The New York Times had an interesting article last Sunday on critics being misquoted. It was titled "Literary Misblurbing."
A number of critics told stories in which their reviews had been deliberately twisted to give a different impression from the one they'd intended. The Time magazine critic, Lev Grossman, described an incident in which he had reviewed Charles Frazier's novel Thirteen Moons, saying "Frazier works on an epic scale, but his genius is in the details." A full-page newspaper ad for the book attributed the single word "Genius" to him.
Critic Bernard Cooper complained that a positive review of his had the word "Bravo!" added to it without his permission.
I was amused to find the article created a hierarchy of unethical practices. Here they are from worst to least offensive:
1) "Changing or adding words is the topmost offense."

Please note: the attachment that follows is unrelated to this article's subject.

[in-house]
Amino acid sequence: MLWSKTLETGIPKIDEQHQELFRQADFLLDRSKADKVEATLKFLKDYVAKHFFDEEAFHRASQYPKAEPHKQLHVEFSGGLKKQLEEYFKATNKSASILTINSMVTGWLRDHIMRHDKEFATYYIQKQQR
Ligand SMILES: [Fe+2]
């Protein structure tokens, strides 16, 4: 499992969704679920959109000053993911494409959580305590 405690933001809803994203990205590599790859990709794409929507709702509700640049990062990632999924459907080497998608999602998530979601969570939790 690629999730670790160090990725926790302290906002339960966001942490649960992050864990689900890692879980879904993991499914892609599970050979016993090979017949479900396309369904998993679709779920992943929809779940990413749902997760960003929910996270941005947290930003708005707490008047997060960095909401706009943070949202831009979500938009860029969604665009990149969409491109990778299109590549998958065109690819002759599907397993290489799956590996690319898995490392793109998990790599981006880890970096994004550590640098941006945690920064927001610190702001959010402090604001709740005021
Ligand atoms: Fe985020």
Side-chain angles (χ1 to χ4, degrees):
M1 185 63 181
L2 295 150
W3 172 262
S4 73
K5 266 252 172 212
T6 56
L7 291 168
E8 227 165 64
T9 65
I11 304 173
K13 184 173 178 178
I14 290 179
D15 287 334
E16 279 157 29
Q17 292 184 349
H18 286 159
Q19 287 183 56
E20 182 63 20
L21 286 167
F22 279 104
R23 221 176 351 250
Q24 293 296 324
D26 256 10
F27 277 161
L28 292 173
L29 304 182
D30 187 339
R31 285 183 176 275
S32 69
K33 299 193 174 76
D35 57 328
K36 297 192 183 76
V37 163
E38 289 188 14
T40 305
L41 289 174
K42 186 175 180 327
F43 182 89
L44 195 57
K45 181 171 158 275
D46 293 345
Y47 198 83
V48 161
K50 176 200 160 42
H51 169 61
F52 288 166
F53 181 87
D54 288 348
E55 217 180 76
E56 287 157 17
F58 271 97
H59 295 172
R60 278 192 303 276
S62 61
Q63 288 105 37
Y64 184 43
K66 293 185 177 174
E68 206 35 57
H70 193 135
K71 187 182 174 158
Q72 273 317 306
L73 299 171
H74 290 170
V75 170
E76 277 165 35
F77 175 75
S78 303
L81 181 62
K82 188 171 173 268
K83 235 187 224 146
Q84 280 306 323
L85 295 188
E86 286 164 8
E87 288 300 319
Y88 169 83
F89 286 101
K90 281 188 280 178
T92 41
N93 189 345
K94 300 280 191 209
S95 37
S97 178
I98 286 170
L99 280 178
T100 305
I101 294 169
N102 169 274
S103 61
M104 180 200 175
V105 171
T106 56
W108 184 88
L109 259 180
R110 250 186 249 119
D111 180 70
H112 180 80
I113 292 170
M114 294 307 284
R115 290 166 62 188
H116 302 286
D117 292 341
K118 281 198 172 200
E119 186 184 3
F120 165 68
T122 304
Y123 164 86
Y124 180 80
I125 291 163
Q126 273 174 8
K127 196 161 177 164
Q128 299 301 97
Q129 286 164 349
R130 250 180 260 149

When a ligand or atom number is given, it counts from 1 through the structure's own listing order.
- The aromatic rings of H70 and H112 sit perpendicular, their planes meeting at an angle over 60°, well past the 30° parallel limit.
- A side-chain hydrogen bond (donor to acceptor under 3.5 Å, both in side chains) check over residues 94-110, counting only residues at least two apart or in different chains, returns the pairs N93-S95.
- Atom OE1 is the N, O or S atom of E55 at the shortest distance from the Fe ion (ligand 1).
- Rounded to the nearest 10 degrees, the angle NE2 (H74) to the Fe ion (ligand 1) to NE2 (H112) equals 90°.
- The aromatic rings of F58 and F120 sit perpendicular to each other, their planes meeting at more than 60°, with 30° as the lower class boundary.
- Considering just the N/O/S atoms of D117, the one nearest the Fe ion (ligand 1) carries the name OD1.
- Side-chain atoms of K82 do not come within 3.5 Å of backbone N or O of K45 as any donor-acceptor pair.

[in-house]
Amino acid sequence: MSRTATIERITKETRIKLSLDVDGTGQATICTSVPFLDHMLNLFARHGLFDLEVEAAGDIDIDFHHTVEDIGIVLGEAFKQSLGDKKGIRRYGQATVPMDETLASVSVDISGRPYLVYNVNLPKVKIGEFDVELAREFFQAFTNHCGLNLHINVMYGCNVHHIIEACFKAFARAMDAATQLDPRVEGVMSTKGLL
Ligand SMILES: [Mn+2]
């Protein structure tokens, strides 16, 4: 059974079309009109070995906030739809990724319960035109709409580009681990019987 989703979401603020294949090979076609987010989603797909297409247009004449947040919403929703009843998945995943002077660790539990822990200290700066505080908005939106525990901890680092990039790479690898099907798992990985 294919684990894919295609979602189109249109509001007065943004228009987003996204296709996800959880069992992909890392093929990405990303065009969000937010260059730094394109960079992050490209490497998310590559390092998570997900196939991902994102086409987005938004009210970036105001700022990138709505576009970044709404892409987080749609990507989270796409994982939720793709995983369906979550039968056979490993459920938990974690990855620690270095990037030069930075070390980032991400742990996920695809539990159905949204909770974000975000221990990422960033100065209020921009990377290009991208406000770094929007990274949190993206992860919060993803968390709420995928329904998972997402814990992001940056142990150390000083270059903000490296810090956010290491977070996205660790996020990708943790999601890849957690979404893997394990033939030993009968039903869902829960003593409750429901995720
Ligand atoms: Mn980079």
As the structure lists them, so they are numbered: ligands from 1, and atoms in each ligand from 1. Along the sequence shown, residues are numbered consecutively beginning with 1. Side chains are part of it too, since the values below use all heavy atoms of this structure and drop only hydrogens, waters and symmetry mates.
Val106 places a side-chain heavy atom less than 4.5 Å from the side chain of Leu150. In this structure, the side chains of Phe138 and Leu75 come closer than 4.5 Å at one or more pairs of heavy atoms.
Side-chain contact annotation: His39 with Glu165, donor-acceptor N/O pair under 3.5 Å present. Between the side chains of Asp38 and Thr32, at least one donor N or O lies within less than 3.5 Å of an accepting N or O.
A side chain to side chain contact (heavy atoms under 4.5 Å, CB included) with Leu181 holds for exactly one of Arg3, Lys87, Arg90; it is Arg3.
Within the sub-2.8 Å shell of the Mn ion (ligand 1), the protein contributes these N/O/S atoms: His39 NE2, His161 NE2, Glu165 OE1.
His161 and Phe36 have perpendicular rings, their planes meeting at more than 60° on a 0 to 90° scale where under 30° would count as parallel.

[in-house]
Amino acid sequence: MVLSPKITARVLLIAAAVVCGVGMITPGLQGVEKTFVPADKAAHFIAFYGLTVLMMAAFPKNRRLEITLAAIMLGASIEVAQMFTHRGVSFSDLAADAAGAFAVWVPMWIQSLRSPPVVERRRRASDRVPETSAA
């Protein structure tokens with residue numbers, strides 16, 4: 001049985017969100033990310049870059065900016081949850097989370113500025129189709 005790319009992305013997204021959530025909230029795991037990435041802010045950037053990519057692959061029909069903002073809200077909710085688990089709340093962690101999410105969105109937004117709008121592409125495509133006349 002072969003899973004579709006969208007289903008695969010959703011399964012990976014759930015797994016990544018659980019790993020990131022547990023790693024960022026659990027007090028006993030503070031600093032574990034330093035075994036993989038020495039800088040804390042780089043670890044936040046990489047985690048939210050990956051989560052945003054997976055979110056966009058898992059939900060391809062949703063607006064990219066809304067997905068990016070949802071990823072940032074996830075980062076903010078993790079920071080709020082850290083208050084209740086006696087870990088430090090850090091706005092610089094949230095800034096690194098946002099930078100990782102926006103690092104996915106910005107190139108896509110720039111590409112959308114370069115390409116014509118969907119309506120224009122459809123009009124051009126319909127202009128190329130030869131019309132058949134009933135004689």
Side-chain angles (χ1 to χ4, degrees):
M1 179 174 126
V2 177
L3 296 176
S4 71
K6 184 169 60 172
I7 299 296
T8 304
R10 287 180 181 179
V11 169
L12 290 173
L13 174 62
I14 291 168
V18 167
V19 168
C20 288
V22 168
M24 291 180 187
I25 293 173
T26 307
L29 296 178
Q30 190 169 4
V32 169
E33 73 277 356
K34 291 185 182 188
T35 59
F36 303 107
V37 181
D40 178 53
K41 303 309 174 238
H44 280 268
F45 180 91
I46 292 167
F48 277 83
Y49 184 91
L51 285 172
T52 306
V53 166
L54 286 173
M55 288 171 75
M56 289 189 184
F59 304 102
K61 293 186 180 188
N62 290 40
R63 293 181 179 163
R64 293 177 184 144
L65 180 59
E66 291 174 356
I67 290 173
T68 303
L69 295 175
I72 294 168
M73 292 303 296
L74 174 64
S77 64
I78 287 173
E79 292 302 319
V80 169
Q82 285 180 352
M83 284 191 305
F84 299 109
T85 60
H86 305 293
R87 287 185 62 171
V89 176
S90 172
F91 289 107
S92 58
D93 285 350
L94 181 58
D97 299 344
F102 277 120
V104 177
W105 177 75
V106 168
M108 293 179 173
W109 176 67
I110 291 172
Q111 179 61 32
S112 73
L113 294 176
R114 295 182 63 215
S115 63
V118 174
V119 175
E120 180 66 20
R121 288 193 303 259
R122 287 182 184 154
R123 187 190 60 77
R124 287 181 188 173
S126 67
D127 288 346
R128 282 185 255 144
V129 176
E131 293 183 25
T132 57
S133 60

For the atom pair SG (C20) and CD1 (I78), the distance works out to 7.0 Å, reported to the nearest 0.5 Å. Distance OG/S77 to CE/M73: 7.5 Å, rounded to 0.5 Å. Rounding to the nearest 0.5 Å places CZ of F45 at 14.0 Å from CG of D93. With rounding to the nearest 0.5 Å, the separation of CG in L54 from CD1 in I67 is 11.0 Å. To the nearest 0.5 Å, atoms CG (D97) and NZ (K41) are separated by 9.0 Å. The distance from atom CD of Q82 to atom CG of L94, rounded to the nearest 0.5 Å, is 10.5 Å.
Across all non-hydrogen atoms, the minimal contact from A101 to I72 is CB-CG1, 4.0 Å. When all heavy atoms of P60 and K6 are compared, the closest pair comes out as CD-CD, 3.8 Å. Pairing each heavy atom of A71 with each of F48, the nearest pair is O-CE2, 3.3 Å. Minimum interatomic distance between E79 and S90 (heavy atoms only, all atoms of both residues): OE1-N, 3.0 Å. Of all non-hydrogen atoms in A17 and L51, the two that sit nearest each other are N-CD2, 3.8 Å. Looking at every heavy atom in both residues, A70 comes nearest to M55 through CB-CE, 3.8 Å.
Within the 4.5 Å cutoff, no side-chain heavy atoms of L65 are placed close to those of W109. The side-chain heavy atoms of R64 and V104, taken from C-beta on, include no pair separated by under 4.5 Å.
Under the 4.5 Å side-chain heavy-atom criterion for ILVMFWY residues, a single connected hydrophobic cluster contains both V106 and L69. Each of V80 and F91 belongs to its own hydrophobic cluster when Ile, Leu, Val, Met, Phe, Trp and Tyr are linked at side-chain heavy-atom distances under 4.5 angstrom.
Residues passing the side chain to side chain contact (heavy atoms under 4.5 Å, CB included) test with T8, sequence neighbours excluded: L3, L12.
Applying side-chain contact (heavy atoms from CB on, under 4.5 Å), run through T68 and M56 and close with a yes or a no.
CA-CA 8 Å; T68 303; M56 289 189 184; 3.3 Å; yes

2) "Taking words or sentences out of context is one level down."
3) "[E]xtracting the sole positive comment from a negative review is at the bottom."
Some people seem more perturbed than others about this subject. Here's one chilling incident:
At least one reviewer has taken an even more direct approach to the problem. Christopher Lehmann-Haupt, The Time's daily reviewer for 32 years and now an author himself, recalls being quoted in an advertisement for a book from the publisher
Donald I. Fine in a way he felt wasn't "kosher." He ran into Fine at a party and told him, "Back off if you want your books reviewed by me anymore." Lehmann-Haupt says, "He got the message."
You can read the entire article here.
Read on. It's a two-blog day.